Salvia repens is among the South African Salvias regularly researched for its medicinal and pesticidal properties. In its homeland, it has a plethora of medicinal uses including soothing digestive problems, treating sores and disinfecting homes.

    $8.50
  • Salvia scabra

    (Coastal Blue Sage) Native from the sandy shores to brushy slopes of South Africa's East Cape, this sub-shrub sage is noted for growing easily in gardens elsewhere. Its lovely purplish-pink flowers have a subtle blue sparkle in bright sun and bloom spring to fall.

    Sub-shrubs are perennials with woody stems as well as soft herbaceous growth. This one has heavily lobed, lyre-shaped leaves. They are a deep green, which is unusual for Salvias from South Africa where velvety hairs often make foliage appear silvery and also help conserve moisture. Scabra refers to the roughness of this plant's leaves.

    In its homeland, the fuzzy flower spikes of Coastal Blue Sage grow up to 36 inches above the clumping, basal foliage. In USDA Zones 8 to 11, you can expect heights of 18 to 24 inches with a spread of 24 inches. Give this sage full sun, any well-drained soil and average watering based on local conditions.

    Use this lovely little sage as a small-scale groundcover, container plant or front-of-border selection. It grows particularly well in dry gardens. This plant deserves wider use.
    $8.50

    OUT OF STOCK

  • Salvia somalensis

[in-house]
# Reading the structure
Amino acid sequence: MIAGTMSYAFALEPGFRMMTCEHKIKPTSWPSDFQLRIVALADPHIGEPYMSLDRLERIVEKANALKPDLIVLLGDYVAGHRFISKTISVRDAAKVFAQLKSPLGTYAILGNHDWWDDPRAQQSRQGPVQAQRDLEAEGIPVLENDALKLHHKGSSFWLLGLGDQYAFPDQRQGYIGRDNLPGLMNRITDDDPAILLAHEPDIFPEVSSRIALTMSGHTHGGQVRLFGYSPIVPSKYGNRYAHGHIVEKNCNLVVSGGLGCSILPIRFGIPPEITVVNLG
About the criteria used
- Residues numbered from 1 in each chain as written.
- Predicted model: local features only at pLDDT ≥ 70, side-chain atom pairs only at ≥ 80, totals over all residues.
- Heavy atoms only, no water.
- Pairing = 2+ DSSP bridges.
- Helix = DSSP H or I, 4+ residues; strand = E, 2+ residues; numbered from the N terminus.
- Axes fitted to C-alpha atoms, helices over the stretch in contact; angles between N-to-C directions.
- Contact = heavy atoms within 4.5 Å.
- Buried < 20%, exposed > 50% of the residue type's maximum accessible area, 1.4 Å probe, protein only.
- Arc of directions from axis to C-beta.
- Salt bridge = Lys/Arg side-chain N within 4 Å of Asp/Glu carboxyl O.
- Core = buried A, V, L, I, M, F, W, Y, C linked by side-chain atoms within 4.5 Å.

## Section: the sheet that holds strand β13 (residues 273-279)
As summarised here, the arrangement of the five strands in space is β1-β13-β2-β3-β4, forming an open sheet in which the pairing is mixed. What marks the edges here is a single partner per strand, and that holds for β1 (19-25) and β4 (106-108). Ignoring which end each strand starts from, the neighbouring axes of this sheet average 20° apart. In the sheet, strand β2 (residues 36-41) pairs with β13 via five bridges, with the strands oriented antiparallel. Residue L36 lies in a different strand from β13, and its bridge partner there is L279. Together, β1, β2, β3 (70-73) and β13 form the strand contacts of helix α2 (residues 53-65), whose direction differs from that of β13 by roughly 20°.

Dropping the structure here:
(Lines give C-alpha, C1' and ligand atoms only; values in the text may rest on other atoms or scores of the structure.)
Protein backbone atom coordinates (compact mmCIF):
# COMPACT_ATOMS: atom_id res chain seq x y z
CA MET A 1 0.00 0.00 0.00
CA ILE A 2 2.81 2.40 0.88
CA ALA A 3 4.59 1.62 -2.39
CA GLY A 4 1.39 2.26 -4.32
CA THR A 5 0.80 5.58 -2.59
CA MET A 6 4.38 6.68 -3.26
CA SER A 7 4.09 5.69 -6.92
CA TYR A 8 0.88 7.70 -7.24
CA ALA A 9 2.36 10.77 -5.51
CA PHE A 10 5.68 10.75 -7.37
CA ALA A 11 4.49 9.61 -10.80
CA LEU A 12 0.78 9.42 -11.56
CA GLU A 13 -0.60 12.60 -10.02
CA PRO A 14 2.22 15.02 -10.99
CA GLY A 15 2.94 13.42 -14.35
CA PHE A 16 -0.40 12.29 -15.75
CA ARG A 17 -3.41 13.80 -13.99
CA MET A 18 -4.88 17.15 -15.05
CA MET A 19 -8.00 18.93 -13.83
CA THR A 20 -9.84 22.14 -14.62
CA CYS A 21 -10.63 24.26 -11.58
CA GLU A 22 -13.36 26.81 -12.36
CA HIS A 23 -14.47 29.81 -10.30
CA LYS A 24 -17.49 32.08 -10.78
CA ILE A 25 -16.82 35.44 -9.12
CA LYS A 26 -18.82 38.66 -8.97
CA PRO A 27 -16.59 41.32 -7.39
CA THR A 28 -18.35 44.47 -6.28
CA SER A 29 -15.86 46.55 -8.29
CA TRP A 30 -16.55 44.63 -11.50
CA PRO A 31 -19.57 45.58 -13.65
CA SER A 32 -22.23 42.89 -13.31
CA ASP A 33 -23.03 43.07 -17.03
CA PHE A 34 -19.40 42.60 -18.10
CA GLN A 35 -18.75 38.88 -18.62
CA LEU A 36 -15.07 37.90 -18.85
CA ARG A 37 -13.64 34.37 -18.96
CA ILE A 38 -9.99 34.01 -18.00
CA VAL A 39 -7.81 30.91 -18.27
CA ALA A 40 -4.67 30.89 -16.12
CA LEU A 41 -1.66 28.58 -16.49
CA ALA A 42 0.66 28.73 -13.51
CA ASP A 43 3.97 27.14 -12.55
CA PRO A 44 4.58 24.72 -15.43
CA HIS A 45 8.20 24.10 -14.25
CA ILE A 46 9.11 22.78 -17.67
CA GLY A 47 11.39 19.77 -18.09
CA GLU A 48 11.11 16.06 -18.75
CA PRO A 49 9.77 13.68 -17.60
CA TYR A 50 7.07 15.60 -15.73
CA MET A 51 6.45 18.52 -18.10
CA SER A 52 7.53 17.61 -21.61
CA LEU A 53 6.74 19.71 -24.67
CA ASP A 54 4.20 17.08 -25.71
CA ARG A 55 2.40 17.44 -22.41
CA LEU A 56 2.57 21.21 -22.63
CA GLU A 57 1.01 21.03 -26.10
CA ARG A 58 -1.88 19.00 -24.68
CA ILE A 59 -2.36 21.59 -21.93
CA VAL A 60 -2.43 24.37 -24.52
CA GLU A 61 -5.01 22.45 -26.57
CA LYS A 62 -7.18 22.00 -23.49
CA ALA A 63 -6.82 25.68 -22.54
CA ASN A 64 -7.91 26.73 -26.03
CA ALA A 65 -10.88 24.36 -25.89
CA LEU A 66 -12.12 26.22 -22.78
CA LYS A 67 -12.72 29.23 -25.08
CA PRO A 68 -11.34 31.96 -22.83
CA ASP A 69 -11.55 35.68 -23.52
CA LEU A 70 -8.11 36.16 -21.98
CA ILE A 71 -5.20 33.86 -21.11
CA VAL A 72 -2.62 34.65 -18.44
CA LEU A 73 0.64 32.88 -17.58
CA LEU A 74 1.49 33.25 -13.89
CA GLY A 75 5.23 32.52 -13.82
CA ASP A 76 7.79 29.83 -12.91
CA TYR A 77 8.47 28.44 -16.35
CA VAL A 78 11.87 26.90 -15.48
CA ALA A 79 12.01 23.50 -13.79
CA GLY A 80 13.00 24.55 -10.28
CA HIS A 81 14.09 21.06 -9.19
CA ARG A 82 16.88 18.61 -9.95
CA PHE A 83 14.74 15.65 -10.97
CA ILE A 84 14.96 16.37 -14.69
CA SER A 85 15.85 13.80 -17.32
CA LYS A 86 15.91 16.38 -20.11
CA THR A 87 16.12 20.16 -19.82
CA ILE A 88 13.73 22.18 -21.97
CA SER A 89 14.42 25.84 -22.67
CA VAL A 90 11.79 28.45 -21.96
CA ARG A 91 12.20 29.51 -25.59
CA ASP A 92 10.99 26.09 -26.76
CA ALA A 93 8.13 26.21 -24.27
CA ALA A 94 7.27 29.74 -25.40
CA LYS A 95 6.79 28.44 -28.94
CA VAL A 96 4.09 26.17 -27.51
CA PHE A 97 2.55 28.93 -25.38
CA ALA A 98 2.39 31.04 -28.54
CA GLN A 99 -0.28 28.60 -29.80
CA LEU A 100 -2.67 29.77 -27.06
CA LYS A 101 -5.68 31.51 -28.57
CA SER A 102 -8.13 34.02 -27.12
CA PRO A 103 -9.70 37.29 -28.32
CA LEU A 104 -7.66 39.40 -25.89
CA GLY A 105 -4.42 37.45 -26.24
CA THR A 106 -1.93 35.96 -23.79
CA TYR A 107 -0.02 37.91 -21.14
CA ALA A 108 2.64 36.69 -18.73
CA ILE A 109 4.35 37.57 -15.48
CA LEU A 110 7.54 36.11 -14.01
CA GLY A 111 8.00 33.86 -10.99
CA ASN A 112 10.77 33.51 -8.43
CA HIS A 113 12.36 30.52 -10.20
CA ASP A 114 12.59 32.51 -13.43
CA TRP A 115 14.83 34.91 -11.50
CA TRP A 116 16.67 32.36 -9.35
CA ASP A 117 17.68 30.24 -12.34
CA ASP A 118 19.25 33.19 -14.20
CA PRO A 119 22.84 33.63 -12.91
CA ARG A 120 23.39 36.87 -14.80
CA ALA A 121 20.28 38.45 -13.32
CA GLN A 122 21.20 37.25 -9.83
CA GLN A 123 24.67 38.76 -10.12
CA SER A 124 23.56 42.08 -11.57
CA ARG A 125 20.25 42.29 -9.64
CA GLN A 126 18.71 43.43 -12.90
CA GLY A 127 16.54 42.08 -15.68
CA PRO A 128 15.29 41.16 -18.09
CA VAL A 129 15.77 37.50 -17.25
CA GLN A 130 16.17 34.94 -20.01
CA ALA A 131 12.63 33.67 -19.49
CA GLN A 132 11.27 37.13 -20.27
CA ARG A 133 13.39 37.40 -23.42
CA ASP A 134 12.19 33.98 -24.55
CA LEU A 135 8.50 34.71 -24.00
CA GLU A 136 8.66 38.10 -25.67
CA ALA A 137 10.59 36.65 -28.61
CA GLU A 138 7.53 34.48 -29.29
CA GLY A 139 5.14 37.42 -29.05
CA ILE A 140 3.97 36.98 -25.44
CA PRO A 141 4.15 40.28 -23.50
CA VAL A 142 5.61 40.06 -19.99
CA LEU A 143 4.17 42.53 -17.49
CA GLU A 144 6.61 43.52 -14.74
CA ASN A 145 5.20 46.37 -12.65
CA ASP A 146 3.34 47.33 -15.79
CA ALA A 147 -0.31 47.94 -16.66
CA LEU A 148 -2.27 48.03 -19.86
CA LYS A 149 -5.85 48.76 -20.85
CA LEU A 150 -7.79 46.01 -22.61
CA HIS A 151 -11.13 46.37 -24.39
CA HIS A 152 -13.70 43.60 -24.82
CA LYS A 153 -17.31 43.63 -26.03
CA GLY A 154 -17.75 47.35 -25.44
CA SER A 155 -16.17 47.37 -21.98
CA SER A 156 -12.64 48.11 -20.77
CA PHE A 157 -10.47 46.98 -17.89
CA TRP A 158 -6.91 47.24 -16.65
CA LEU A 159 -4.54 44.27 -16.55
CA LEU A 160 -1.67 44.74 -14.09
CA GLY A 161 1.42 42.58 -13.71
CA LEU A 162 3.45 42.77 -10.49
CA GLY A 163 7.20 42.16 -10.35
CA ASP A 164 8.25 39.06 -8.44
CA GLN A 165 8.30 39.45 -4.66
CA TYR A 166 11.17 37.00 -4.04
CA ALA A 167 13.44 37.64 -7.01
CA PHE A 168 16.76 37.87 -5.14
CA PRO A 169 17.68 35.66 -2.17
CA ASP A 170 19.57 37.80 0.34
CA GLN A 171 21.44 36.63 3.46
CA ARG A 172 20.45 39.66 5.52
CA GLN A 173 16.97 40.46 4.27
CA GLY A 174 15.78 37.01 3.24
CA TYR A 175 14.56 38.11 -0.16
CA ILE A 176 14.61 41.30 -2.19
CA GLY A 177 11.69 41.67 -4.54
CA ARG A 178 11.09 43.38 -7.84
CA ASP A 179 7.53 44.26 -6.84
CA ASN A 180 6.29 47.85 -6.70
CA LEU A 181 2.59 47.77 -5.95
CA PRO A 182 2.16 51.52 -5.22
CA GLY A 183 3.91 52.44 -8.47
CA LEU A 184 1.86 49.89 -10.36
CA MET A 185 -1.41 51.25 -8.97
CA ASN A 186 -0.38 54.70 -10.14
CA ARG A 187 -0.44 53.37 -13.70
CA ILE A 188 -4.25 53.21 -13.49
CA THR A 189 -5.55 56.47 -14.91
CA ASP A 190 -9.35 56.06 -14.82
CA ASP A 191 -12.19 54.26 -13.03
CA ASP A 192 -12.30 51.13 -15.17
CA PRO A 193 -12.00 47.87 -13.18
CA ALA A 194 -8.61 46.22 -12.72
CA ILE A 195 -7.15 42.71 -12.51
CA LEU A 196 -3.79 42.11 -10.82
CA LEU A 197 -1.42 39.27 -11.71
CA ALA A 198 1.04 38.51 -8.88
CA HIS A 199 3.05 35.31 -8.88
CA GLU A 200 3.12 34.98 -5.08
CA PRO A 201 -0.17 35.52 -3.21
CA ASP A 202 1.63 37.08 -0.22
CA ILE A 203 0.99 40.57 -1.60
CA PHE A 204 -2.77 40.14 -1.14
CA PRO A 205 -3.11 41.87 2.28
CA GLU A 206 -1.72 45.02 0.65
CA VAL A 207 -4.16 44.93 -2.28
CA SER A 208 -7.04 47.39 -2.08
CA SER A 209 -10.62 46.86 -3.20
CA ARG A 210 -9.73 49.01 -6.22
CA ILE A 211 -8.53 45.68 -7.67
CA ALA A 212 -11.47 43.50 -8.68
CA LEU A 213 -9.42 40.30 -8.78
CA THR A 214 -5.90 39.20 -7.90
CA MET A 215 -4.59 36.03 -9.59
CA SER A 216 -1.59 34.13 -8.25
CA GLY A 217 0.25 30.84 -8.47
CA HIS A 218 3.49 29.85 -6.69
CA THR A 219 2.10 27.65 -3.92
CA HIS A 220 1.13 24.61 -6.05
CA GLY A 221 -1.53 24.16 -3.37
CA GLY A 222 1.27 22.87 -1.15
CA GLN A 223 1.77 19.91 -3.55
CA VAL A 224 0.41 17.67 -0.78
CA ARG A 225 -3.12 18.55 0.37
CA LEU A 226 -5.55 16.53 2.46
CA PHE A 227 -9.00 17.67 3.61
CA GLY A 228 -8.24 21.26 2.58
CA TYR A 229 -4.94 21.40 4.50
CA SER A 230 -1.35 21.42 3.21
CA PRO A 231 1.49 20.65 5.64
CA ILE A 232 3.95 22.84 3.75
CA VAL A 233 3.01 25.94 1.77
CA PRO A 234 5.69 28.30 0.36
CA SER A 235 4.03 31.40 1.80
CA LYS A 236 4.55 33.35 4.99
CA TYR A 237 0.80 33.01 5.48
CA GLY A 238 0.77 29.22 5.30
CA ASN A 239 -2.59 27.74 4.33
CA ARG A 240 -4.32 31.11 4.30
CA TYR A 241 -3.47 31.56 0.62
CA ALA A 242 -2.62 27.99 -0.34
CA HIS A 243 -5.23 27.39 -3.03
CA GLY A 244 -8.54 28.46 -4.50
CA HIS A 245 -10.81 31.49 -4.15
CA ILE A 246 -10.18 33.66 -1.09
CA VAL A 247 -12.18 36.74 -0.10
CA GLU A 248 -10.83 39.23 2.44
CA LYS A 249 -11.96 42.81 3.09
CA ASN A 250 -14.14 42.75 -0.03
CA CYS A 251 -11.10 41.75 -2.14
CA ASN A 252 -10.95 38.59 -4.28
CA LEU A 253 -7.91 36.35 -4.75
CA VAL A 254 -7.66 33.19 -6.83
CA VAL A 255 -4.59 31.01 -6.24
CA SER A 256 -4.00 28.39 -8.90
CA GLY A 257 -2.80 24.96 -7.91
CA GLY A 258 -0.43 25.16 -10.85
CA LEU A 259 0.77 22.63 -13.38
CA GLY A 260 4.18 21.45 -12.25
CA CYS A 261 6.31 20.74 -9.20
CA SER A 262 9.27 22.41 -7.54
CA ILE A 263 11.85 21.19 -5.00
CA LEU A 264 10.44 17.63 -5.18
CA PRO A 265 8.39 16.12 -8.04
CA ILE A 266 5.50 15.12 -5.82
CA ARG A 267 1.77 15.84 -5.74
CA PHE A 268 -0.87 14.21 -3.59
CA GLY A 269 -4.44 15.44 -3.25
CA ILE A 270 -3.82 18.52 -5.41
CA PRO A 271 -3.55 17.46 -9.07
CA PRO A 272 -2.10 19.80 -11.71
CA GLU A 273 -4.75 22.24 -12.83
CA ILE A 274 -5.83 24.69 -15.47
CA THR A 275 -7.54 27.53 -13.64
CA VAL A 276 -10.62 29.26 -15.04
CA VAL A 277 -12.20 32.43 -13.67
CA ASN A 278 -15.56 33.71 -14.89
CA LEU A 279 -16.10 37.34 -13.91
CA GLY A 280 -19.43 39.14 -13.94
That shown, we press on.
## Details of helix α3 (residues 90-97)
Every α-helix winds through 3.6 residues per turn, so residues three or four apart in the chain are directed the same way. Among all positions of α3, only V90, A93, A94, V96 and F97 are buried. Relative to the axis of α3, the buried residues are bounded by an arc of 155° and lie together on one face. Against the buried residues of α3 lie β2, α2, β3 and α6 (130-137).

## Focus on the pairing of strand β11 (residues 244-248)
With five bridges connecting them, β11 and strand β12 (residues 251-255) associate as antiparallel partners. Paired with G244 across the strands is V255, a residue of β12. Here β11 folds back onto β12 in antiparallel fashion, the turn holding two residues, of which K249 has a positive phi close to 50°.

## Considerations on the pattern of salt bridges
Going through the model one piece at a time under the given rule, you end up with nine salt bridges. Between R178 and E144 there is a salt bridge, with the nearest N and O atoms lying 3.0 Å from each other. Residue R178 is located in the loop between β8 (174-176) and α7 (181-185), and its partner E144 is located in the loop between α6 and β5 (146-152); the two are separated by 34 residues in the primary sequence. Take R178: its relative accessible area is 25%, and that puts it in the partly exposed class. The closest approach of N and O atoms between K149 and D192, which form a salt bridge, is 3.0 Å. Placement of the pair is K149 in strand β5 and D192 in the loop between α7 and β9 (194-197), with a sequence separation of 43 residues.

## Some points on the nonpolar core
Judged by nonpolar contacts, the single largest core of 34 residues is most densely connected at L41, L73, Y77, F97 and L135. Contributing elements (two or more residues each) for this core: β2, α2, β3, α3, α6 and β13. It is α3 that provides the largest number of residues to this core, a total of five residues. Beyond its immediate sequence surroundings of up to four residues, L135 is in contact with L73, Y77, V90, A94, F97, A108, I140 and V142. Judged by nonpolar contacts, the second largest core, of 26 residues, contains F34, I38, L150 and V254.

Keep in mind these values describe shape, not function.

(Somalian Mountain Sage) Large, powder-blue flowers combine with 4-inch-long, furry, lime-green leaves -- a winning combination at bloom time from summer into fall. The flowers are unusual, because they generally grow on the branchlets and the terminal end of each stem.

    This sage from the high-elevation forest lands of Somalia grows well in full sun to partial shade. Although drought tolerant and a good choice for dry gardens, it thrives in normal garden conditions of average, well-drained soil and average watering based on local conditions.

    Somalian Mountain Sage looks pretty in perennial borders and cut-flower gardens where it can grow up to 5 feet tall and 3 feet wide. Container planting also works well and limits growth.

    Uncommon in US gardens, Salvia somalensis is the subject of research for medical and cosmetic use. However, this is a lovely, long-blooming sage and deserves to be planted more widely in the landscapes of USDA Zones 8 to 11.
    $8.50
  • Salvia tingitana

    (Mauretania Tingitana Sage) Native to Saudi Arabia, this sage has a long history of cultivation going back 400 years and weaving throughout various countries in the Middle East and North Africa before arriving in Europe in the 1700s. It was first described scientifically in 1777.

    Before the discovery of its Saudi Arabian connection in 1989, the origin of this heat- and drought-tolerant perennial was a hotly debated mystery. Was it native to Egypt, Syria, Aleppo, Tunis or Tangier?

    Tingitana grows in a wide range of conditions and is particularly useful as a border or cut-flower plant in dry gardens. It branches freely and features flower spikes with large numbers of 1-inch-long, bicolor, yellow and lavender blossoms. The roseleaf-type foliage is lime green, heavily textured and fragrant.

    Given full sun and well drained soil, this lovely sage forms a compact mound that also looks pretty in patio containers. This plant deserves to find a home in more gardens.

    Highly recommended.
    $9.00
  • Salvia x `Savannah Blue’

    (Savannah Blue African Sage) Two South African sages are the parents of this stunning hybrid with large, sky-blue flowers and densely branching, well-cut foliage. Tough and adaptable, this dry garden plant grows in full sun or partial shade.

    Savannah Blue gets its feathery foliage from Namibian Sage (Salvia namaensis ) and its flowers and strong stems from Creeping African Sage (Salvia repens). Both of the parent plants are good looking, but this hybrid is spectacular.